UN helps train Galmudug State Assembly legislators to better serve constituents
The United Nations has commenced training of Galmudug State Assembly members to strengthen their legislative capacities, as part of ongoing efforts to build nascent Federal State institutions in Somalia.
The training, conducted by the United Nations Development Programme (UNDP) through the Parliament Support Project, is taking place in Mogadishu from the 28th to 30th November, 2016.
Franco Sanchez, the Head of Governance and Rule of Law for UNDP said the training would explore and teach Galmudug State Assembly members legislative rules and procedures, how to conduct outreach sessions to gather public views, and engage with civil society.
“They are chosen within the community to perform their duties. They need to link with the citizens and bring back the citizens’ voices to Parliament. They are contributors to the dialogue, contributors to the peace-building and contributors to the solutions that Galmudug will have,” said Sanchez.
Describing the legislators as critical to the development of the Federal States and overall stabilization process of the country, Sanchez cited budgetary shortcomings, political instability and actions of the executive, as some of the issues that need the attention of the Assembly.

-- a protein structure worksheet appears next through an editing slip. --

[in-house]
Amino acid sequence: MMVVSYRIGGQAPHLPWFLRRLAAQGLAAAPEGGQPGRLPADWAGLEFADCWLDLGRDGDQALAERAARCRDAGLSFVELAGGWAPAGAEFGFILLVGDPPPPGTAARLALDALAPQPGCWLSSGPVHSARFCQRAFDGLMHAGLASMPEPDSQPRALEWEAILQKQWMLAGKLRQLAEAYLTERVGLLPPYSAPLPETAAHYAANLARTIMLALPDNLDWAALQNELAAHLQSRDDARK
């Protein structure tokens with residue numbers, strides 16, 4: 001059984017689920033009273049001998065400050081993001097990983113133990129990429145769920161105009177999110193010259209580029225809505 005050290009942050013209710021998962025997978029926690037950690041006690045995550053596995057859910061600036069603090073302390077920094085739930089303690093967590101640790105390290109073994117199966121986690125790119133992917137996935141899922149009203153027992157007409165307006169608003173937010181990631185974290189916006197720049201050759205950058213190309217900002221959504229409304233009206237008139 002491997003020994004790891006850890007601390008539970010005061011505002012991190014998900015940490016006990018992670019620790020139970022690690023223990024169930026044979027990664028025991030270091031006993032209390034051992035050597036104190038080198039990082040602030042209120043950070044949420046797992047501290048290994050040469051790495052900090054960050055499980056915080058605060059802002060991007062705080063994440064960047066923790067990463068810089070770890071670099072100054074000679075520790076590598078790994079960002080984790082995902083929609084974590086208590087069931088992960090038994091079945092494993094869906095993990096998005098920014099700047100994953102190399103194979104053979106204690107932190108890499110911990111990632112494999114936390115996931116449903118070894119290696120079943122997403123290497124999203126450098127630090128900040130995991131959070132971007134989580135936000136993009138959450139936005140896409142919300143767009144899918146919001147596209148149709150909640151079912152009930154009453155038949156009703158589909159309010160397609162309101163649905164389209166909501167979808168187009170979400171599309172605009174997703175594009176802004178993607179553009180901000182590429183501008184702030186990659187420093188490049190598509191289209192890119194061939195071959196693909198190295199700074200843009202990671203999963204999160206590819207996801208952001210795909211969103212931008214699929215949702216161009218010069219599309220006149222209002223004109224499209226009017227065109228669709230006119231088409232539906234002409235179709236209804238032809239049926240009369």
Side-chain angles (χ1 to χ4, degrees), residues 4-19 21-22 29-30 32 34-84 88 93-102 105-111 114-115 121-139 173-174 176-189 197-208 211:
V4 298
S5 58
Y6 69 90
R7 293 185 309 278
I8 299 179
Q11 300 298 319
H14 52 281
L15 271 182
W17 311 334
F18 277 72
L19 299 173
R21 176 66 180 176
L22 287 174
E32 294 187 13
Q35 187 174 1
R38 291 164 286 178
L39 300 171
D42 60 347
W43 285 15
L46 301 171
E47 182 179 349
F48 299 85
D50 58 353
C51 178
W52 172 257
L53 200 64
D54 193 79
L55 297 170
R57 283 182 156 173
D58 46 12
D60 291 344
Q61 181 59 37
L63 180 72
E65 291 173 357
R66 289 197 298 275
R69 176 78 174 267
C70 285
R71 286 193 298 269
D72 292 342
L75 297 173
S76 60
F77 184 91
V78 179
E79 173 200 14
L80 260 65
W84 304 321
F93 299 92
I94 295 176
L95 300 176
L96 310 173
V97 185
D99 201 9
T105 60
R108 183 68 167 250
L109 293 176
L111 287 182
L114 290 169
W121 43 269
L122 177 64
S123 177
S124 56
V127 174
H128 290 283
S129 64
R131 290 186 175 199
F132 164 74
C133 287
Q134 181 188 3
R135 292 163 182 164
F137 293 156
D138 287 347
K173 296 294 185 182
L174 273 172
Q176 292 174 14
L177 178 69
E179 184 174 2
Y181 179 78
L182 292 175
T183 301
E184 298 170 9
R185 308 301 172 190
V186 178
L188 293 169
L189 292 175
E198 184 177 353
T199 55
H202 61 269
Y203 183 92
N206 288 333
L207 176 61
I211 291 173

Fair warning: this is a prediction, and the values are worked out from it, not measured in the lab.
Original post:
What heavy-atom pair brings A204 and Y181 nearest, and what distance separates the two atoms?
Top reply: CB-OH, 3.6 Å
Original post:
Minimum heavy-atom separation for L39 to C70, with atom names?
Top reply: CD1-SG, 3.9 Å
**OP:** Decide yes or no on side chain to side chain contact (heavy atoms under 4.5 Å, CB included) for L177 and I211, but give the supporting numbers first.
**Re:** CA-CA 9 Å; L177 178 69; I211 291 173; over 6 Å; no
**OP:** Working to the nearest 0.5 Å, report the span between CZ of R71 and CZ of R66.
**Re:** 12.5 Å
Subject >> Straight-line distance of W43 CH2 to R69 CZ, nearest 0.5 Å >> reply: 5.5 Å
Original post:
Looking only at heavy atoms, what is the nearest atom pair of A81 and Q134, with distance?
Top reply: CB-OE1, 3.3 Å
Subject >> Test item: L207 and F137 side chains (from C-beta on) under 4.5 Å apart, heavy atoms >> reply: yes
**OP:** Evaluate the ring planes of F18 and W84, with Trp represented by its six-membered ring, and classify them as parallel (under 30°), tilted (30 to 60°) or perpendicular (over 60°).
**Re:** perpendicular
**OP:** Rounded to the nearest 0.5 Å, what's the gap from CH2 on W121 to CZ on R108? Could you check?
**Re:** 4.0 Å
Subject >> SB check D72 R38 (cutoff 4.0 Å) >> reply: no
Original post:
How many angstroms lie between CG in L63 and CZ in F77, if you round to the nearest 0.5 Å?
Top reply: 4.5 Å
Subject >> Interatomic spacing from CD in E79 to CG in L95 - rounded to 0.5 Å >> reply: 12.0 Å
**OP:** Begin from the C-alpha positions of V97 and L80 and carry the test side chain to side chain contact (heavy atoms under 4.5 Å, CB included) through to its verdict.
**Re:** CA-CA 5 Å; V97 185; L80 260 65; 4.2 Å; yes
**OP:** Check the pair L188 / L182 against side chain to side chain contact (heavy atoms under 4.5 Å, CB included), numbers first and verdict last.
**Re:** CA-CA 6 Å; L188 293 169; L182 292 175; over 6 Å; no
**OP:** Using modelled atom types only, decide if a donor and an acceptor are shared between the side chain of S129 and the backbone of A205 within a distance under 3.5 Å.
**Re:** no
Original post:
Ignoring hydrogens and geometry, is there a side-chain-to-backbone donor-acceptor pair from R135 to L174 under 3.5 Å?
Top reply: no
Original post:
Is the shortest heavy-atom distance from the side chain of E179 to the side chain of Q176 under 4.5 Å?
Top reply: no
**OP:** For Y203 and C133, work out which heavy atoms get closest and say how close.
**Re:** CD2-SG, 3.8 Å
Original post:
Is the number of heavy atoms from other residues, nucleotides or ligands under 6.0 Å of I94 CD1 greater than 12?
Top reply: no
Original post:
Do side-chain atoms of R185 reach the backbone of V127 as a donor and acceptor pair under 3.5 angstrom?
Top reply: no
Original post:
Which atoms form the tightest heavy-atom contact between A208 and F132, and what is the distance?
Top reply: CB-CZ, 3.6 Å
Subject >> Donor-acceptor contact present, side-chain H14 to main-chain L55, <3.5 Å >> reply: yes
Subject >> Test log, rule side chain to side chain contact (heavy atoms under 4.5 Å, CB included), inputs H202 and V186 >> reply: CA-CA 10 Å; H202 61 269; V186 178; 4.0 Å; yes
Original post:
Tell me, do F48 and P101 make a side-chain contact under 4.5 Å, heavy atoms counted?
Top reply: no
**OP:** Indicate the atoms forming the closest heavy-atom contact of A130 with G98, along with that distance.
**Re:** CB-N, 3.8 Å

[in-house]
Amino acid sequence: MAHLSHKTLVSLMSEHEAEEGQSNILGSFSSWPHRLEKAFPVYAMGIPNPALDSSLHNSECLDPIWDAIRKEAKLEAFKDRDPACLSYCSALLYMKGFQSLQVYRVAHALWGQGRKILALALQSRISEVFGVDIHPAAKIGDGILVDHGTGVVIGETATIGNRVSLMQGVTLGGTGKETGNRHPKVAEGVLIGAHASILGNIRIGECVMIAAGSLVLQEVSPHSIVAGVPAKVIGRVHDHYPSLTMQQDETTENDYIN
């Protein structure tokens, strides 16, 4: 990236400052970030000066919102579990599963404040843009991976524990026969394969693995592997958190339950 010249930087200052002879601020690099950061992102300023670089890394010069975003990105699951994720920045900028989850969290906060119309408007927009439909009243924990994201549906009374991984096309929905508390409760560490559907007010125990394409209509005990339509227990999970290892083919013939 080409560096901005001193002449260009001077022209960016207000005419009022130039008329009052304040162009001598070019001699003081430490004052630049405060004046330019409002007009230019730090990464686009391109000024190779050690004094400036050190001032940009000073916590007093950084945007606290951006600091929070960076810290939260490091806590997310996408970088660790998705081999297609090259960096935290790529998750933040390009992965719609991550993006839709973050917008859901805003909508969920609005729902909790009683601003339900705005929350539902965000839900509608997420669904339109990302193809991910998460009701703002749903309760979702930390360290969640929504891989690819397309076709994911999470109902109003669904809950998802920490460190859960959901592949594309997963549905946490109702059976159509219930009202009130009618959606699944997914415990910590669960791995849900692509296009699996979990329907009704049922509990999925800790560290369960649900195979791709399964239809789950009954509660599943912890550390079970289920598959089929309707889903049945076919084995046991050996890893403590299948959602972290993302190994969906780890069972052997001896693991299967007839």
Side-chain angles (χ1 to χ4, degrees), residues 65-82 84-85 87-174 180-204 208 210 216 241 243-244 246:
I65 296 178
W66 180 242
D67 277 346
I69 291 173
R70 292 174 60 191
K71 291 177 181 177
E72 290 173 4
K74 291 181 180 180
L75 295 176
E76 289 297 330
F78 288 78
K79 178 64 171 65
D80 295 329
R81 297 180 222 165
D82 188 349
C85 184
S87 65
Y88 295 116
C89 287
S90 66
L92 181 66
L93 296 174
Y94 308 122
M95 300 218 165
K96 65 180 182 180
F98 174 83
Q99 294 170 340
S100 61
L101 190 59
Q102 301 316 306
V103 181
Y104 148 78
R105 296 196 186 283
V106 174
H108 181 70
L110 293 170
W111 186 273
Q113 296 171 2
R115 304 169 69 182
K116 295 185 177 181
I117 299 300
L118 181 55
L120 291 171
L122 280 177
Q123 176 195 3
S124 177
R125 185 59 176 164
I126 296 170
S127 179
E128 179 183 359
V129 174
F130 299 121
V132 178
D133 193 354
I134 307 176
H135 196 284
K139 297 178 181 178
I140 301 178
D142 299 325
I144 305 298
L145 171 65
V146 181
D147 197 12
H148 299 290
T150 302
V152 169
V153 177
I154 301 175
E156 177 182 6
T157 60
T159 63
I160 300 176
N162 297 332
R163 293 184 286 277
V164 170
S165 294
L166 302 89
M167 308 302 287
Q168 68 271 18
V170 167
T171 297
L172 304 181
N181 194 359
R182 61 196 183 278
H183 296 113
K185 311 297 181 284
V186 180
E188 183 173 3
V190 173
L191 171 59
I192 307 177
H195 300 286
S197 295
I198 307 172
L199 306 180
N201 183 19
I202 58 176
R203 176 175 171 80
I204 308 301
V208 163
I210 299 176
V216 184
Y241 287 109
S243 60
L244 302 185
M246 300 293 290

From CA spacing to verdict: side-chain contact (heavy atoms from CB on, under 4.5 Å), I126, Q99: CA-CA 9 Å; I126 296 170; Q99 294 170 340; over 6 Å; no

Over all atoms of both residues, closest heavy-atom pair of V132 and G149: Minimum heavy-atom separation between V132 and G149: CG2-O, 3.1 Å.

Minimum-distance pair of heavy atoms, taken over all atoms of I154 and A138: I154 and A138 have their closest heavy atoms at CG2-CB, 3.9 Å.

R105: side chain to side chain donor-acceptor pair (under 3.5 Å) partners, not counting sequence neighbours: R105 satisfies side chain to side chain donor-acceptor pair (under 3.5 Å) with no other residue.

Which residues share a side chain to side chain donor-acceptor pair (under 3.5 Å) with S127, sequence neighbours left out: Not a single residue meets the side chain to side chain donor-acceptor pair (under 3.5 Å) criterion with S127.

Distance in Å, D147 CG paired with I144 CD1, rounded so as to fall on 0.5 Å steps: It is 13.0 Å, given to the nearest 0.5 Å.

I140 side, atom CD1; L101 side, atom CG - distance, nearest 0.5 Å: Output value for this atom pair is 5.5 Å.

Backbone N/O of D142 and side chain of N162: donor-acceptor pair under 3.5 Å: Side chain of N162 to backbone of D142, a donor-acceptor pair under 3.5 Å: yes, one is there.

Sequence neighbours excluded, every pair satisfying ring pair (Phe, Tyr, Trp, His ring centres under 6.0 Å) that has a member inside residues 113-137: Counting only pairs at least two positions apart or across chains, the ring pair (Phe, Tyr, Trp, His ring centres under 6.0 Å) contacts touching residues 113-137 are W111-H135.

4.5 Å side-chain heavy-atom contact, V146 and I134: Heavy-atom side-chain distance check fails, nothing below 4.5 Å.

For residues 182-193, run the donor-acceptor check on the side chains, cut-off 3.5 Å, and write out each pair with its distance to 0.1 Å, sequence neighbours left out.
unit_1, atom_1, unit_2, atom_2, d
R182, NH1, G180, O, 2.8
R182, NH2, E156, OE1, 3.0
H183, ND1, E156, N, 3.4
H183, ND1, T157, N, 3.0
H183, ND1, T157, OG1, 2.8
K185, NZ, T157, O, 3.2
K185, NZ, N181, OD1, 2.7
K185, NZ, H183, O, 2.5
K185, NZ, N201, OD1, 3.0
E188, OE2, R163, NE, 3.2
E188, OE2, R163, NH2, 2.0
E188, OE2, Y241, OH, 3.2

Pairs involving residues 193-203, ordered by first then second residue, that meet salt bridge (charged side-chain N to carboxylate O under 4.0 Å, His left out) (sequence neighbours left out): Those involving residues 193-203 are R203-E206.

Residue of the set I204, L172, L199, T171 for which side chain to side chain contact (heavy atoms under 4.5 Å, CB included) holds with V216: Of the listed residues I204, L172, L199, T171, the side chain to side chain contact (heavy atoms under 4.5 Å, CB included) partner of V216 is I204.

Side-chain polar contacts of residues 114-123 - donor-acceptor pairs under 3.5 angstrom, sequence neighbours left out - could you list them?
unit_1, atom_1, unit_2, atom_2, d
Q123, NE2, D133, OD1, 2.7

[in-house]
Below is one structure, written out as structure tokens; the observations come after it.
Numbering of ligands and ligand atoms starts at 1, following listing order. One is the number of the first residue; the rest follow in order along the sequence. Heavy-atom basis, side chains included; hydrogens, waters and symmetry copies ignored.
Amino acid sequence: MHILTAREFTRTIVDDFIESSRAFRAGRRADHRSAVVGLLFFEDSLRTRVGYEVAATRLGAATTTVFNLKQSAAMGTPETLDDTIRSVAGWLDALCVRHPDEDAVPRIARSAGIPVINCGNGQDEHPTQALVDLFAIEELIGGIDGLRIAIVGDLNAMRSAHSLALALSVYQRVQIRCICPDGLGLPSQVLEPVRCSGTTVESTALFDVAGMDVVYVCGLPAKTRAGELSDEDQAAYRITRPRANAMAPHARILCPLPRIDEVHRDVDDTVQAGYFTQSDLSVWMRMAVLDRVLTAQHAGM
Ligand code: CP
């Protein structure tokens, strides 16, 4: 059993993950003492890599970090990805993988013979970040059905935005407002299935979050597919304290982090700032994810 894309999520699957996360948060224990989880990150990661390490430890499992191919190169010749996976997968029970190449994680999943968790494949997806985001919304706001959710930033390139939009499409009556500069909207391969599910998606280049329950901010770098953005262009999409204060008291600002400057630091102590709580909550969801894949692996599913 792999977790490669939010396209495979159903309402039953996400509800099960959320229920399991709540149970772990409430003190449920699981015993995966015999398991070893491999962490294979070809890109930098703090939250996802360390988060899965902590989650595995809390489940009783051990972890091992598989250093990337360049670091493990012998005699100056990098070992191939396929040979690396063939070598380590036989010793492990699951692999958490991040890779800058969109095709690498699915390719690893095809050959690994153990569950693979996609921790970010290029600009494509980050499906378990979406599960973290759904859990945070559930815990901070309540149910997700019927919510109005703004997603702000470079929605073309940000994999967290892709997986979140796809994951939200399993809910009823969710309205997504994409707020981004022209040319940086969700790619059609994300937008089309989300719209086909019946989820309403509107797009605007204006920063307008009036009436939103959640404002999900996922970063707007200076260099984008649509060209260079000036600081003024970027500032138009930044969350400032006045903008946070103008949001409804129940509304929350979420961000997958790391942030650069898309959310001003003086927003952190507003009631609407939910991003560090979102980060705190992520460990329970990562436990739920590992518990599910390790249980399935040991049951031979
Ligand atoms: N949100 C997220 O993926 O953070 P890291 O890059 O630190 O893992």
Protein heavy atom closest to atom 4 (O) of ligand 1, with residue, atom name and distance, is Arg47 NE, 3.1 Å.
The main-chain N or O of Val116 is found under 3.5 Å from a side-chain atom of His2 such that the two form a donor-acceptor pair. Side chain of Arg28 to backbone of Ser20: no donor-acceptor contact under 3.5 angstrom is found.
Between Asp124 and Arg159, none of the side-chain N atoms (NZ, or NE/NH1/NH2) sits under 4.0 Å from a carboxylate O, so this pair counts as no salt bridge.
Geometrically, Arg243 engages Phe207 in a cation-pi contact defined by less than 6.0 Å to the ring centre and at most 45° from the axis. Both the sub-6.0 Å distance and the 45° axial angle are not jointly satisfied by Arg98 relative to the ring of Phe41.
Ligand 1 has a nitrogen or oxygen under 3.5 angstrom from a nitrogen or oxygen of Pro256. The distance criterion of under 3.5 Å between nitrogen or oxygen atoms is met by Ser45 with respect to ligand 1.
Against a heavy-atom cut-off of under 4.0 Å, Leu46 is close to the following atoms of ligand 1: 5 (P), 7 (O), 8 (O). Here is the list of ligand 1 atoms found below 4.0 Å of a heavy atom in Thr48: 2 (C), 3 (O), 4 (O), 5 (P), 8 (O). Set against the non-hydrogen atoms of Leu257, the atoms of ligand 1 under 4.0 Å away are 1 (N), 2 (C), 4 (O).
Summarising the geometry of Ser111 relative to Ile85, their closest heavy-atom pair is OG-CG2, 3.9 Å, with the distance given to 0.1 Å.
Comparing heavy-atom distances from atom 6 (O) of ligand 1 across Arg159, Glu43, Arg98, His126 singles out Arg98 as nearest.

Mohamed Sheikh Ahmed Maalin, the Second Deputy Speaker of Galmudug State Assembly, welcomed the UNDP-supported training, adding that it has enabled the legislators enact laws for the community and equip them with conflict mediation skills.
He said parliamentarians had played a positive role in stopping the unnecessary fight in Gaalkacyo region.
“Our motive is always one; to stop the fight and help bring about peace and coexistence,” said Maalin. “I led some Galmudug parliamentarians and we held a meeting at Gaalkacyo Airport for four days with the President of Galmudug to seek peace and stability,” he said.
Boosteeyo Jama Ali, the Secretary of the Constitutional and Reconciliation Committee in the Galmudug State Assembly, said women legislators are well positioned to mediate in conflicts.
“If women were majority in parliament, there would be no fighting,” Ali said.
Somalia is currently in the middle of an electoral process to fill seats in two houses of Parliament after which Presidential elections are expected to be held.